Six nations also placed on the authority's anti-doping 'watch list' which could put Olympic place under threat

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The World Anti-Doping Agency (WADA) has declared that the national anti-doping bodies of six countries, including Russia, are non-compliant with the WADA code.

Andorra, Israel, Argentina, Bolivia and Ukraine were unanimously voted, along with Russia, as non-compliant to the 2015 code by the WADA Foundation Board.

Russia found itself on the list, with its Olympic place under threat, because of the key recommendations of an Independent Commission into the widespread doping in Russian athletics.

Bolivia, Ukraine and Argentina were found to be using non-accredited laboratories, while Israel and Andorra were judged not to have the rules of the code in place.

“The message from today’s seminal WADA Foundation Board Meeting is clear,” said WADA President, Sir Craig Reedie, “there will now be greater focus on strengthening compliance work so that all anti-doping organizations worldwide are held accountable to deliver robust anti-doping programs.

“As we have seen from WADA’s immediate response to the Independent Commission’s Report, action is now well under way to right wrongs that exist in anti-doping. Our priority is now on ensuring all our partners are fully compliant and have watertight anti-doping systems that protect clean athletes and reassure sports fans worldwide.

“Make no mistake, we will not rush this process of compliance, we will do it right – the integrity of sport is under threat.”

“Anti-doping in sport is under the spotlight today like never before, and WADA, along with our partners, have begun the work needed on the road to recovery for Russia. The world is watching and we have acted.”

In addition to those countries deemed not up to scratch with the WADA code, six other countries were placed under strict conditions in regards to anti-doping policy, which they must adhere to by March 2016 if they are to resist falling into the non-compliant list.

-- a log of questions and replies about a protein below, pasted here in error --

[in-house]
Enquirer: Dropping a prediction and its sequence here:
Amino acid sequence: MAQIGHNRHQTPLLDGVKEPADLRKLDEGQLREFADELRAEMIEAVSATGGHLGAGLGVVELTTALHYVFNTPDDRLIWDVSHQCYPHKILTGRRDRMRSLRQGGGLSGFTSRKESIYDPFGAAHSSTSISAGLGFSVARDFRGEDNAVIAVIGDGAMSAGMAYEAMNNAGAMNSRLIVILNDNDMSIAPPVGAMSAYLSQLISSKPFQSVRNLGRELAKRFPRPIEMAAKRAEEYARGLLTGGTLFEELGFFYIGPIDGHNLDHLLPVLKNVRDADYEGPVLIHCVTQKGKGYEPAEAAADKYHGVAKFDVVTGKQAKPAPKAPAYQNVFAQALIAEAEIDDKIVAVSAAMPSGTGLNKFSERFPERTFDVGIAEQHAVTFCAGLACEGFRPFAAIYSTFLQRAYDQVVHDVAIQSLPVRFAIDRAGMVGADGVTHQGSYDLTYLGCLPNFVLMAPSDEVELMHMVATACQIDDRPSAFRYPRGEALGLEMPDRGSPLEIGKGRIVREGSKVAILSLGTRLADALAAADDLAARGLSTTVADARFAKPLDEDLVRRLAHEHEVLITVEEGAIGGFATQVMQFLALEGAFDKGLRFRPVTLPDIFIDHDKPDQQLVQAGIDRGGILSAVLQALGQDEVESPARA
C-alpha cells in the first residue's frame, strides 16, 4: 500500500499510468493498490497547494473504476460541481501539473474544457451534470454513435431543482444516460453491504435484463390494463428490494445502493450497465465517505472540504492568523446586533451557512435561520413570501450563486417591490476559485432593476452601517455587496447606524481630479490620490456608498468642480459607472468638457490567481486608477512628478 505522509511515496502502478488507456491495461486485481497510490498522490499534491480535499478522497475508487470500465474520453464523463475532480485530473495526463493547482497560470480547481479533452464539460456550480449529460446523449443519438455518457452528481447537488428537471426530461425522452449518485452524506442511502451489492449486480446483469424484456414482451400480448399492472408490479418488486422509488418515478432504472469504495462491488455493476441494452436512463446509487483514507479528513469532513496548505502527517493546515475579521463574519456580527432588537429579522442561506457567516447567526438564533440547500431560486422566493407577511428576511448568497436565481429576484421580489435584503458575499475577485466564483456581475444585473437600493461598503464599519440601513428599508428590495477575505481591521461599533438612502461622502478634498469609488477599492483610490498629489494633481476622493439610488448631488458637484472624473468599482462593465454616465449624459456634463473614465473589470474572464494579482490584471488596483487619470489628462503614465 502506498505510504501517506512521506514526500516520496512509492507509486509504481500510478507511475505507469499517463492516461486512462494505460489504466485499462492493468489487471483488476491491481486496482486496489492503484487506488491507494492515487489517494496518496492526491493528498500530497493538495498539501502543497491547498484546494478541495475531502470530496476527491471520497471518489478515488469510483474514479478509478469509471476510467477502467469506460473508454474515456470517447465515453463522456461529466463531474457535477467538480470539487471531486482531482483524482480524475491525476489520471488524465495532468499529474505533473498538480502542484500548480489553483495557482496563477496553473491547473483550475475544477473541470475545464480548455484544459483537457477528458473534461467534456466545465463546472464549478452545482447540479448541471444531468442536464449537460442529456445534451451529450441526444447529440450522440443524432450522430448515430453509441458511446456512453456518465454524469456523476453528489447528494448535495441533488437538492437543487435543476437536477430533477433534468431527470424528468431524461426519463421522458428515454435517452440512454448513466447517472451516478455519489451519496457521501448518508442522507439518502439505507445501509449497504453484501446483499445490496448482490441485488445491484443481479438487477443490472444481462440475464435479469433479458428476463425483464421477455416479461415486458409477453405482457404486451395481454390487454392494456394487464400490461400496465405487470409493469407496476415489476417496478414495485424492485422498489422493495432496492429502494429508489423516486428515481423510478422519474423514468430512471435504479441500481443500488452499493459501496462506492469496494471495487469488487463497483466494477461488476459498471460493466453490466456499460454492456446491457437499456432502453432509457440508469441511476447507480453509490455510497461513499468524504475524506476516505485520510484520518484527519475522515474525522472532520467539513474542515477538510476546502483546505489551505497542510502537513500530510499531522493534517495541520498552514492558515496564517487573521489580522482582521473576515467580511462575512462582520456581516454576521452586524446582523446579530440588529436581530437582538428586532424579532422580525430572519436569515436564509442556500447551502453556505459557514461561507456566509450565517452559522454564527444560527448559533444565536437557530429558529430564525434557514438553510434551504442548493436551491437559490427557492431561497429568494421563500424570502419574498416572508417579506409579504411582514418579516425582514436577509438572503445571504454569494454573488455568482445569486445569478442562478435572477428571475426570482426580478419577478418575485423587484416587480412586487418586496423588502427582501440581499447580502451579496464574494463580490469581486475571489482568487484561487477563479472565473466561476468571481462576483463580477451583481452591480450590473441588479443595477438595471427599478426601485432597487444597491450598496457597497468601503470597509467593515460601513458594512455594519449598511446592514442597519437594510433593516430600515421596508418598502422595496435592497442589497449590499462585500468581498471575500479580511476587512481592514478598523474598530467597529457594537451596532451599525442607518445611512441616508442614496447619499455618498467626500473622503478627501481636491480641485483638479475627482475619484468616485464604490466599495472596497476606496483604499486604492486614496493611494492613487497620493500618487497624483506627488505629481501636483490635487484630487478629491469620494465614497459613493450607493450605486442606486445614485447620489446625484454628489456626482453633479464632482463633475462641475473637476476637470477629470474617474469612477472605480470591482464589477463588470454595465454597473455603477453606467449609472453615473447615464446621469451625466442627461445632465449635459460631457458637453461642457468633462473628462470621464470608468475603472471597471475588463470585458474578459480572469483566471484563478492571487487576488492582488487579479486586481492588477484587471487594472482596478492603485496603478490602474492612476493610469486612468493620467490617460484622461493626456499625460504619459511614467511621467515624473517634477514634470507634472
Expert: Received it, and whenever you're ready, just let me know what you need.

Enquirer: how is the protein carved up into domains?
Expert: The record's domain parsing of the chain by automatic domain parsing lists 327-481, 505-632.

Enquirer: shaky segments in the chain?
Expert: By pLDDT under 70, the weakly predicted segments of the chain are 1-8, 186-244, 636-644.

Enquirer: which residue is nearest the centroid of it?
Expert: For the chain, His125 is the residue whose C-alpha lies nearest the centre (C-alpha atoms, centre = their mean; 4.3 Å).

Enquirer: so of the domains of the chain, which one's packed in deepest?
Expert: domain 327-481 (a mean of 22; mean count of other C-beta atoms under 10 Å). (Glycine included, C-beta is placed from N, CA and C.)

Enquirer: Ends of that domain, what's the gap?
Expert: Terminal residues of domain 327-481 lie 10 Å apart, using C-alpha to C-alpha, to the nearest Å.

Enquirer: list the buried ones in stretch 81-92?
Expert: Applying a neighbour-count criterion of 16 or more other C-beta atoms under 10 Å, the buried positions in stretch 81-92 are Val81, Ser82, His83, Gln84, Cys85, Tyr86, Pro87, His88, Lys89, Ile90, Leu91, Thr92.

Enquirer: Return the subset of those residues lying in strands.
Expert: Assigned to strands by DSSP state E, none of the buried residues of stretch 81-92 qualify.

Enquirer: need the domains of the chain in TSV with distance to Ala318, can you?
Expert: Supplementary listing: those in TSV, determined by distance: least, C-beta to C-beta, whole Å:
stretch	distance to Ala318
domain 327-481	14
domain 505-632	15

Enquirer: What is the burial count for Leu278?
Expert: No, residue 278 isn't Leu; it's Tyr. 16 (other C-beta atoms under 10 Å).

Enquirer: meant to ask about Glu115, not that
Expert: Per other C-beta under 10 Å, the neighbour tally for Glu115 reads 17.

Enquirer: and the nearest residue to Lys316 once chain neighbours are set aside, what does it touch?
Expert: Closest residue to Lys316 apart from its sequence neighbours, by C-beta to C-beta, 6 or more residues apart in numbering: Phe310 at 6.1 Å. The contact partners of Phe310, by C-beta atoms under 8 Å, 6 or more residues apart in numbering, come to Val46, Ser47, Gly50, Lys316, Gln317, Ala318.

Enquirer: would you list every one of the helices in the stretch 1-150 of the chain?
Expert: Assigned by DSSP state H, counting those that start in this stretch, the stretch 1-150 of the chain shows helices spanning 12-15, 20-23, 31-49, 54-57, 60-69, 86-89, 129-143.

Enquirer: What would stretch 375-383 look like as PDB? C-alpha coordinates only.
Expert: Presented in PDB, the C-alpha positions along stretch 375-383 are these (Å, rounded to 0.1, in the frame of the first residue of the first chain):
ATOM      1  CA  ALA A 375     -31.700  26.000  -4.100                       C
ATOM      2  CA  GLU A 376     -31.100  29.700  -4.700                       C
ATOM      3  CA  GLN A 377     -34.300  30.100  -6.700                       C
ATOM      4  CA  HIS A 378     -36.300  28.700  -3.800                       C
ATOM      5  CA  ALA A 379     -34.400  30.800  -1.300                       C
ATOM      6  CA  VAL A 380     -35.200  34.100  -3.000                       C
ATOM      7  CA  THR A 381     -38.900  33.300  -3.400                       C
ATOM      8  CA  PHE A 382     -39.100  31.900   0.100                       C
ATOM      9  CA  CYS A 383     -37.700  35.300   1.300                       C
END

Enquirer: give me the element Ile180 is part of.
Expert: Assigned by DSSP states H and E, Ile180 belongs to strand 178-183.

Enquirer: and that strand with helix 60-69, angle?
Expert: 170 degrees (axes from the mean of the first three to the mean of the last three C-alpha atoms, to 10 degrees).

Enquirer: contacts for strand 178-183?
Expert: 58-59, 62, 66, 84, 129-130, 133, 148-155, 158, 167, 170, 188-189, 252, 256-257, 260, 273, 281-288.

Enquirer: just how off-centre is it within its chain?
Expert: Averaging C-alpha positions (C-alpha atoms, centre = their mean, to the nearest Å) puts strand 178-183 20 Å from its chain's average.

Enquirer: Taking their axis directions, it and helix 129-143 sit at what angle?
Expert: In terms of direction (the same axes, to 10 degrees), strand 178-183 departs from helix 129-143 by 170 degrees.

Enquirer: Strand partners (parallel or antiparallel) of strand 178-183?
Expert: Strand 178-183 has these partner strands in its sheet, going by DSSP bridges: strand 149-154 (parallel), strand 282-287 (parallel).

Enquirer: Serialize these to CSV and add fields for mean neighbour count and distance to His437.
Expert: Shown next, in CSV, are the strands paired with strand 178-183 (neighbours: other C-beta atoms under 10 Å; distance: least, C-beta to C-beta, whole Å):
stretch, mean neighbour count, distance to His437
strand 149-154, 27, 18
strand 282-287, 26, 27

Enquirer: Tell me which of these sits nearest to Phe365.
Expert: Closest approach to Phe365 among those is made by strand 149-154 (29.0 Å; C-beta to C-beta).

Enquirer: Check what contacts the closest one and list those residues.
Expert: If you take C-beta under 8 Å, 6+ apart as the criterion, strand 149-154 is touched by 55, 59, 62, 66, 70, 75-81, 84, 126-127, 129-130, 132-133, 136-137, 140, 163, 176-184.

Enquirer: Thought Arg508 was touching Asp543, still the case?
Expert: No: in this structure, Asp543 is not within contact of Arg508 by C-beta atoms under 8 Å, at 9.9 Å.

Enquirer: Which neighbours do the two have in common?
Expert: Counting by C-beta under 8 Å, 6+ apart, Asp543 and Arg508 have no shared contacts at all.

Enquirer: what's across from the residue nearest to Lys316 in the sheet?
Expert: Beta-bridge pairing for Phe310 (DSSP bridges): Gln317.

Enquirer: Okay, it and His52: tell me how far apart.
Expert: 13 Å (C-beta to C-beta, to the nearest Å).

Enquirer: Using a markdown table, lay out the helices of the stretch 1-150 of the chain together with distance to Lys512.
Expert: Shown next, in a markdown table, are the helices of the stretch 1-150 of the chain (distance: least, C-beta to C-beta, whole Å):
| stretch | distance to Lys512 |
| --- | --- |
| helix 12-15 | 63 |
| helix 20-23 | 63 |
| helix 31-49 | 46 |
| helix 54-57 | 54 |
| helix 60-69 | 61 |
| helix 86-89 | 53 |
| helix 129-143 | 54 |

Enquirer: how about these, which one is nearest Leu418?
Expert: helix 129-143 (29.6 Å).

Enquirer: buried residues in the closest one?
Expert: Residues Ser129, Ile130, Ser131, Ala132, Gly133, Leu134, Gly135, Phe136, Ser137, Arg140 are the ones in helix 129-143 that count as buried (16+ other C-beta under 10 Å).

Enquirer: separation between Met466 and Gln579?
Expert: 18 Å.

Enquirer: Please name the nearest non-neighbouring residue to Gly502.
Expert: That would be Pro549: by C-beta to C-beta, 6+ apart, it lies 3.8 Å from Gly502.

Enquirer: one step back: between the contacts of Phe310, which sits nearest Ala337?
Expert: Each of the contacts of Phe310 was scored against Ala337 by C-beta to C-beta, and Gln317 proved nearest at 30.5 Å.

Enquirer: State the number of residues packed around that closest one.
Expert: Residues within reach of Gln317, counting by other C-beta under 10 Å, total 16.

Belgium, France, Greece, Mexico, Spain as well as the 2016 Olympic Games hosts Brazil, were all placed on the world authority’s watch list.

The Foundation Board also voted to strengthen the agency’s ability to conduct international investigations, after an Independent Commission successfully uncovered the doping among Russian athletes earlier this month.

The WADA Athlete Commission was also supportive of the move, which will see WADA potentially move its investigation into other sports in Russia, possibly including cycling.

“We will conduct the necessary meetings with the Russian authorities in respect of the non-compliance status of RUSADA that tests athletes in all sports within Russia,” President Reedie said.

“A WADA expert team will then meet with the task of ensuring the continuation of testing in Russia. Any information brought forward to me as a result will allow me to make a considered decision on whether or not to extend the Independent Commission’s mandate.

“The theme of the day has clearly been investigations. I will now write to all public authority stakeholders and ask them to make further contributions specifically to fund anti-doping investigations. Following any commitments made, I will then immediately approach the IOC to seek matching funding.”